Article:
Finales abound on summer reality shows that all feature two hour finales. On “Big Brother” (CBS, 8 p.m.) it’s between Josh, Christmas and Paul, who has been pretty much running things since the start.

On “America’s Got Talent” (NBC, 8 p.m.), finalists are largely singers, but there is also a stand-up comic, a dog act, a light-up dance group and a kid ventriloquist who also sings.

And on “MasterChef” (Fox, 8 p.m.), the finalists are dancer Dino Luciano, counselor Eboni Henry and music teacher Jason Wang.

The horror anthology series “Channel Zero” (Syfy, 10 p.m.) returns with a tale of a haunted house that plays on the mind.

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Arcade Fire Adapts Well to Arena

IMG_4553Playing in the round isn’t always the best way to take in an arena concert. By definition, a band’s presentation is fractured in different directions, lacking a central, unified focus. Every time a band member is facing you means that another is facing the other way. If it’s a spinning stage, it can all be a little dizzying.

Arcade Fire seemed to solve all of that with the arena tour that stopped at the Capitol One Center in Washington Saturday (a place that was so recently the Verizon Center, it still said so on the central ice scoreboard).

For its purposes, being in the round means closer to its audience and being in the center of its party, something the Canadian band has always tried to do.

To start, it played up the boxing rink aspects of the stage set up with sports-like introductions and warm up suits as well as actual ropes that were shed after a few songs.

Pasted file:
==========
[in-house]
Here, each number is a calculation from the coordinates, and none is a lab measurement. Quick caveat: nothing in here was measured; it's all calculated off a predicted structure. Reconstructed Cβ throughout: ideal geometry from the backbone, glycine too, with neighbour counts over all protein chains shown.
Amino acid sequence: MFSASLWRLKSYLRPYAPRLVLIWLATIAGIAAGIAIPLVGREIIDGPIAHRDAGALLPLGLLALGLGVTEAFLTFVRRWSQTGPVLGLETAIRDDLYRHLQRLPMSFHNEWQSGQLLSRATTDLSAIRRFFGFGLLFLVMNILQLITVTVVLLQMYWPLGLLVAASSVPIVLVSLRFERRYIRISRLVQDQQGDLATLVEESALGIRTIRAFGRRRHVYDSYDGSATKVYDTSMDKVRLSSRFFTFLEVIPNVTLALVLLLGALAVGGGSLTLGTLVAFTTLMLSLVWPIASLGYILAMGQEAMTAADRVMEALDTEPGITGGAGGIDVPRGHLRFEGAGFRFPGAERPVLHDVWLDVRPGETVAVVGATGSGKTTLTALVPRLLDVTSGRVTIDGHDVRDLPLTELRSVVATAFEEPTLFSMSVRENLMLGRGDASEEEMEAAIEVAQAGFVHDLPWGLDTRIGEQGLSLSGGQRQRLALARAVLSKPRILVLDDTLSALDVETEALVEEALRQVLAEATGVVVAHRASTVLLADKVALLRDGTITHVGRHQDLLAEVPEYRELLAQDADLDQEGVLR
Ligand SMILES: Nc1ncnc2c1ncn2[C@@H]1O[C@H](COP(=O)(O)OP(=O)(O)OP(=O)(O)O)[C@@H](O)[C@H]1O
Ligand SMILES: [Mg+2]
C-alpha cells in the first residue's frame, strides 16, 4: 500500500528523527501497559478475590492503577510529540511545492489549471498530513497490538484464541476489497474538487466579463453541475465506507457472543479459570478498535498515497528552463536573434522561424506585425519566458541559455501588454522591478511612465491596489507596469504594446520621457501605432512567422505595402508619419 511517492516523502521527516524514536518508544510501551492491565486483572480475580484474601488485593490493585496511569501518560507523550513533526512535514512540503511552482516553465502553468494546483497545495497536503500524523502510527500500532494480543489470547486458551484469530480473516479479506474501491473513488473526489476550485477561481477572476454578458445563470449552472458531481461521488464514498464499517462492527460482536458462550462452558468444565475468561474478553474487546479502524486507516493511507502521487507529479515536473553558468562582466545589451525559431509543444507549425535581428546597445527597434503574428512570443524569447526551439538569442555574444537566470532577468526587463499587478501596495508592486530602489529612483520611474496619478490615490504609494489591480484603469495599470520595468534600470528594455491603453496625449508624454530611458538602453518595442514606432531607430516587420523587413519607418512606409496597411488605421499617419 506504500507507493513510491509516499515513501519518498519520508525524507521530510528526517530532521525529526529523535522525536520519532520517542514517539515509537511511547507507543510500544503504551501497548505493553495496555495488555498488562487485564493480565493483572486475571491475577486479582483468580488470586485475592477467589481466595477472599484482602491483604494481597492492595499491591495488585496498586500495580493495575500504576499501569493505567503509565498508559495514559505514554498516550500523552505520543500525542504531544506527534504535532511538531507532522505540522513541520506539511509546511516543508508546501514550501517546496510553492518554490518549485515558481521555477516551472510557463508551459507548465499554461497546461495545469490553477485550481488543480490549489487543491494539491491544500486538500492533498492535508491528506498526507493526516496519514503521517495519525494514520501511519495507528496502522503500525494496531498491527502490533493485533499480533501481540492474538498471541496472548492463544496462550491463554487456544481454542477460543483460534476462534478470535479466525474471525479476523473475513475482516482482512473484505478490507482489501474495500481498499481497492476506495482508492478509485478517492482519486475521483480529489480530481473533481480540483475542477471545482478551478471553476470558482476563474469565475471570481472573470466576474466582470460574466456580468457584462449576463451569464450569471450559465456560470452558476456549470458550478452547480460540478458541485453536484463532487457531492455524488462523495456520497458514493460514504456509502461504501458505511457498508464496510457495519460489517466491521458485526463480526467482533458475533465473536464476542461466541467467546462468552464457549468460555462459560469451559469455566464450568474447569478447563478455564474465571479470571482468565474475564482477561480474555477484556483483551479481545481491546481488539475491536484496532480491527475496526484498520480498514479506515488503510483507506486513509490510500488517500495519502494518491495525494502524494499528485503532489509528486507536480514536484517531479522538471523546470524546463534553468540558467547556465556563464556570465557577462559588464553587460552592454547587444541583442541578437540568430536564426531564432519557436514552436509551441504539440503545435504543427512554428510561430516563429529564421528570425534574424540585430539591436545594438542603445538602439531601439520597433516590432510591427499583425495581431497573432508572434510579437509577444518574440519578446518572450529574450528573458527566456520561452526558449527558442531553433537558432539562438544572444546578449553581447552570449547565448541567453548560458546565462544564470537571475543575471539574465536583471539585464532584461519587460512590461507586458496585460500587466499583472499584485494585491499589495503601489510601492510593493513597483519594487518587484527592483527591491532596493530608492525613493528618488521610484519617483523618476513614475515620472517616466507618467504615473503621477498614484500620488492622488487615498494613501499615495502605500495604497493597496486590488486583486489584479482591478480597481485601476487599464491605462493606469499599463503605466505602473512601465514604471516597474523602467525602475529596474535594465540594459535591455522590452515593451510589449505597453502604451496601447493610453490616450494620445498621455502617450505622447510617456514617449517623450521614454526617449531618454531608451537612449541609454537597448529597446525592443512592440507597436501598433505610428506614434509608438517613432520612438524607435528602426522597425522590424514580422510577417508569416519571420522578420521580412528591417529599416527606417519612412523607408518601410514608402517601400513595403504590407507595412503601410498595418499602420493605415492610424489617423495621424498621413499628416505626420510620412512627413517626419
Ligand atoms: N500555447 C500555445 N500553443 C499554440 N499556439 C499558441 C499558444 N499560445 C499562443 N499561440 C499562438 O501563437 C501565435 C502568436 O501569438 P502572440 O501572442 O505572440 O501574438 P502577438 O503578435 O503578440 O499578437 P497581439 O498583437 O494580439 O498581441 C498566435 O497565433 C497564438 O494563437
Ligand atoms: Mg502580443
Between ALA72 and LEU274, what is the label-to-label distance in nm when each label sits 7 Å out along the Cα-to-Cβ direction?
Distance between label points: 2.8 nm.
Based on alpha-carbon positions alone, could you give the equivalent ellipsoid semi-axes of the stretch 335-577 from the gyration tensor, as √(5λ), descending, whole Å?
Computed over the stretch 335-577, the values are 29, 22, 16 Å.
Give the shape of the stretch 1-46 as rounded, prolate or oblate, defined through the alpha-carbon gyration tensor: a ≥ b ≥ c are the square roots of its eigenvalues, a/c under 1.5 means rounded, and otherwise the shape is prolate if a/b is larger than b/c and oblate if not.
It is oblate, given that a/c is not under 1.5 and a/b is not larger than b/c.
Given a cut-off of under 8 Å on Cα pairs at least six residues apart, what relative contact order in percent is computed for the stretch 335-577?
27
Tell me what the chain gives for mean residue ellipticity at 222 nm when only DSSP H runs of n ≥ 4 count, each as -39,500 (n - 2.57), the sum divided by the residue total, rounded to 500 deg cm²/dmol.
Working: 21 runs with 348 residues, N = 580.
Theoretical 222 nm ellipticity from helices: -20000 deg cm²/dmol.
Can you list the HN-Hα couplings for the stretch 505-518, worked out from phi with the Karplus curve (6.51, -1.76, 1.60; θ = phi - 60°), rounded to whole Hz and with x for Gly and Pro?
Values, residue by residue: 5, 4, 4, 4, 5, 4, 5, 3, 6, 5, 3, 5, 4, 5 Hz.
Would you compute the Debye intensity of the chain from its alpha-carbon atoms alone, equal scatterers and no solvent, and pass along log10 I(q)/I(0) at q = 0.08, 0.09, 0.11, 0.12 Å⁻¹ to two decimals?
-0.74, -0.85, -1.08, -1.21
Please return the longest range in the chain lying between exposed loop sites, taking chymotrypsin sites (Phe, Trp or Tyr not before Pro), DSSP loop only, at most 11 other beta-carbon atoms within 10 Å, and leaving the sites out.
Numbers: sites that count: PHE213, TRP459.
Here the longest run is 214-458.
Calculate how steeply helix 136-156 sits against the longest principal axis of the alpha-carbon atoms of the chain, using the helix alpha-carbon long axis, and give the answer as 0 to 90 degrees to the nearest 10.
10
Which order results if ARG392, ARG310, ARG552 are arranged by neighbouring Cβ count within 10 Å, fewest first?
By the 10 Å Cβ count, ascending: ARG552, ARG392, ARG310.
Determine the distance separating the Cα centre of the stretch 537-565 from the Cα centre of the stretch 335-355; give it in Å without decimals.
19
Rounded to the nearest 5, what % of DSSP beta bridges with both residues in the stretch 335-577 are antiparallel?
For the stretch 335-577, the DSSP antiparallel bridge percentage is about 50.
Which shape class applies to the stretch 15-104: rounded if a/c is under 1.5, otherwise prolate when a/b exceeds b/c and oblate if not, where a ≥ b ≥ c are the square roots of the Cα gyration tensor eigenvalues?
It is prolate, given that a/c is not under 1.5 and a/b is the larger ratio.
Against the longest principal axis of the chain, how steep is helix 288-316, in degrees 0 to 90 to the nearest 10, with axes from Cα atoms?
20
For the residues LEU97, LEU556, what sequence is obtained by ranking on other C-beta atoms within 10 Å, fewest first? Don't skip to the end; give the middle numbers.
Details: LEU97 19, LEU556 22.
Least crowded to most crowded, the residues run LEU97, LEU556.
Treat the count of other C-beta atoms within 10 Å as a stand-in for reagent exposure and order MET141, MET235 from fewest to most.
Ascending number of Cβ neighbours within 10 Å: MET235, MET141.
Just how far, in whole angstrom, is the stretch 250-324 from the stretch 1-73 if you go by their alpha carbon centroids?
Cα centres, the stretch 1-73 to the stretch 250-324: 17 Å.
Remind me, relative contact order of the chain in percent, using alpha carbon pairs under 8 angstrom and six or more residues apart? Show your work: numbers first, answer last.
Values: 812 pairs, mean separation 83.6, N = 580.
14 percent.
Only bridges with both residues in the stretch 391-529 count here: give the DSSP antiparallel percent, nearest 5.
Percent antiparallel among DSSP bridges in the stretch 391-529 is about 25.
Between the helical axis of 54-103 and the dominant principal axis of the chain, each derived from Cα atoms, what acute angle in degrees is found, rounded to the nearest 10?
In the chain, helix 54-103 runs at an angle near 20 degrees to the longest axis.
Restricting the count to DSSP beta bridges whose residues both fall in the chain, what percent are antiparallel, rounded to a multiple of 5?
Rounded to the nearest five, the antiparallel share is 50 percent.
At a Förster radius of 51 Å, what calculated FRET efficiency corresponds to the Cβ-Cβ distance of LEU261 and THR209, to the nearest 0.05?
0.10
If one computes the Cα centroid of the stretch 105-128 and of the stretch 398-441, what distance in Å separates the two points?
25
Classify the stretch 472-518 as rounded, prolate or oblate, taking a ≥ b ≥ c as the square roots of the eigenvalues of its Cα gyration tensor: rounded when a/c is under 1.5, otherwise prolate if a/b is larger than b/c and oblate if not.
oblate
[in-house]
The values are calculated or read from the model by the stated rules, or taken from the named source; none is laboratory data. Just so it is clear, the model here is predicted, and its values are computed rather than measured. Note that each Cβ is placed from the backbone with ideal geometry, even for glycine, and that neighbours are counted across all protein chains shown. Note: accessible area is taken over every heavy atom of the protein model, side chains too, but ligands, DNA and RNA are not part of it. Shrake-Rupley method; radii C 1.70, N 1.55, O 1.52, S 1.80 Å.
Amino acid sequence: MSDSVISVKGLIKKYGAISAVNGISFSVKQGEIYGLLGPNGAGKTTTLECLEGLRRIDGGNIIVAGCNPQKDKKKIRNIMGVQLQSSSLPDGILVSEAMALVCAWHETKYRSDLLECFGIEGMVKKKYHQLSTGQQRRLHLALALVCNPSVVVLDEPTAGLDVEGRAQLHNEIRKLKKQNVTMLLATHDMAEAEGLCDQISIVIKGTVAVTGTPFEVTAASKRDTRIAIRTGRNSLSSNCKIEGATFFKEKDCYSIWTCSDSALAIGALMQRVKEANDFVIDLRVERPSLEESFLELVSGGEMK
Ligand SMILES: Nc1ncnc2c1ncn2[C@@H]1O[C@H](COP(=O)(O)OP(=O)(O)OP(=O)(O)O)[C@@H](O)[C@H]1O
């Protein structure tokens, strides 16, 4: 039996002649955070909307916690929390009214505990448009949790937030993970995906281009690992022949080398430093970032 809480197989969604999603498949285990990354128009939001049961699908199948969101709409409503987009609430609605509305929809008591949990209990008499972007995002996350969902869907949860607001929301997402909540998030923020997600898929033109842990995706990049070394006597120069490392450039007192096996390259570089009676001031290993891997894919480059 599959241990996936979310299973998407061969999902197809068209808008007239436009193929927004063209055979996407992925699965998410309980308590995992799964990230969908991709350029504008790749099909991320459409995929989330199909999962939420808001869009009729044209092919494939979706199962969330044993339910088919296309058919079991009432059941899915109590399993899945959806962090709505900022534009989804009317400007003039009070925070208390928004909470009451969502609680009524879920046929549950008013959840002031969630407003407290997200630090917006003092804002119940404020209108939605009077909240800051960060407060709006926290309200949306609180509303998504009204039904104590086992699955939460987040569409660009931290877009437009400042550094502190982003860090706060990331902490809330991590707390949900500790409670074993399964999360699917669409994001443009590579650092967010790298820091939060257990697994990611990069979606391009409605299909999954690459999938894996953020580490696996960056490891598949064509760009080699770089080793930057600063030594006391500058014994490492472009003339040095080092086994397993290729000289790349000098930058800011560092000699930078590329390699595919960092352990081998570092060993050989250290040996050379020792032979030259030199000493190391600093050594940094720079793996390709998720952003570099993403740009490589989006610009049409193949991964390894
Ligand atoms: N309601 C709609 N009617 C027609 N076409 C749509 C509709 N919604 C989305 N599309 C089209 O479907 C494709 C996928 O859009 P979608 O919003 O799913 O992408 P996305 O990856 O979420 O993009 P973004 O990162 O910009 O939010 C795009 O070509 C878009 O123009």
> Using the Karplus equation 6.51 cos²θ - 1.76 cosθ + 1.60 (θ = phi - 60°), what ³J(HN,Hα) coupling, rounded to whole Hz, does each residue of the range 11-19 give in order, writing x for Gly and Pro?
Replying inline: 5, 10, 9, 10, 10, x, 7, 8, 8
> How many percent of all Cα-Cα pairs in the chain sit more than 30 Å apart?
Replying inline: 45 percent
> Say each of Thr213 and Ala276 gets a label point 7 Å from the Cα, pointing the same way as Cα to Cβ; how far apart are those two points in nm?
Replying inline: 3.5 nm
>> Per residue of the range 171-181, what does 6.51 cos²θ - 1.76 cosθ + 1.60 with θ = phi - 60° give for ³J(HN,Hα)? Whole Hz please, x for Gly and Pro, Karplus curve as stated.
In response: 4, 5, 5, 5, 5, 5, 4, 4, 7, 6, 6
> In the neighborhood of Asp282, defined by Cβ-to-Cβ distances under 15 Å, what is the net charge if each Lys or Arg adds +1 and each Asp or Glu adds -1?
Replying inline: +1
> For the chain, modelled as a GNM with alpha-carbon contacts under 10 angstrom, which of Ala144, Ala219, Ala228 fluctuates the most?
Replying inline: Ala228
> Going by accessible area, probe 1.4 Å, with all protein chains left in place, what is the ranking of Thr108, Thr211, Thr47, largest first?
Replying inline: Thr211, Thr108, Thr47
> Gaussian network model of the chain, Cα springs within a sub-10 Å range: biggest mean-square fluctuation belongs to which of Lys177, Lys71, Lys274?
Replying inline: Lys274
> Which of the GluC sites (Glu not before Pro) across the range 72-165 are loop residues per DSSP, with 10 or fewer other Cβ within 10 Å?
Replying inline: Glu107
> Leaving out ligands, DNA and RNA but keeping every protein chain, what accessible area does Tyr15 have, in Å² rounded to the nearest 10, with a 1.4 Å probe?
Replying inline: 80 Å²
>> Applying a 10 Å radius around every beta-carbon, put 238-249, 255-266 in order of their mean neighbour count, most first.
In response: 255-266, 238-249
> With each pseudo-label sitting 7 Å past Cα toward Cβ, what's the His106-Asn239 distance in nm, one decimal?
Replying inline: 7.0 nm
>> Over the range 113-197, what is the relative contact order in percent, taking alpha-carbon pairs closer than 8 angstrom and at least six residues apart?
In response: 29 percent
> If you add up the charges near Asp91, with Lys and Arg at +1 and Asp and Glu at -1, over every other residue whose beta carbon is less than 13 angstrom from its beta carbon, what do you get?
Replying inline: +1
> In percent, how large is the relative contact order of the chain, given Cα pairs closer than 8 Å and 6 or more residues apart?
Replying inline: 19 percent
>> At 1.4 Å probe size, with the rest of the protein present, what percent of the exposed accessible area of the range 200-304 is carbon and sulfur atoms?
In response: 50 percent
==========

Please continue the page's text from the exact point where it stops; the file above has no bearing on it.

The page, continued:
Wireless microphones allowed singer Win Butler and Régine Cassagne to wander the stage at will. Different platforms on the stage, from monitors to piano tops allowed them to stand out further on different levels. And yes, a central platform did spin around at times, moving mostly the drum set of Jeremy Gara as well as the standup piano.

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Tuesday TV: Conan Goes to Jerusalem

conanIsraelI always thought Jay Leno would be the former “Tonight” show host who would travel the world and send back specials. Instead, it’s been Conan O’Brien, whose latest sends him to the Middle East, where he creates laugh and has at least as good a chance as Jerod Kushner in creating good will in “Conan Without Borders: Israel” (TBS, 10 p.m.).

What’s been missing in stand up comedy specials this century? That brick wall! Jerry Seinfeld brings it back, as well as older pre-sitcom material on an unusual special “Jerry Before Seinfeld” (Netflix,streaming) that recalls childhood memories as well as the early days in the club. It’s his first for Netflix which will also inherit his “Comedians in Cars Getting Coffee” (Crackle, streaming) later this year.

The fall season isn’t quite here for broadcast TV but the season for hyping it certainly is. It reaches a new level tonight with a panel discussion “The Paley Center Salutes: The Best of’Will & Grace’” (NBC, 10 p.m.), in which the stars of the series that is returning this fall talk about the first eight seasons from 1998-2006.

Hillary Clinton visits “The Late Show with Stephen Colbert” (CBS, 11:35 p.m.).

What’s fascinating about the third installment of the epic documentary “The Vietnam War” (PBS, 8 p.m.) is that it makes use of President Johnson’s private phone conversations expressing frustrations with the war in examining the period from January 1964 and December 1965 when it was all about escalation and bombing.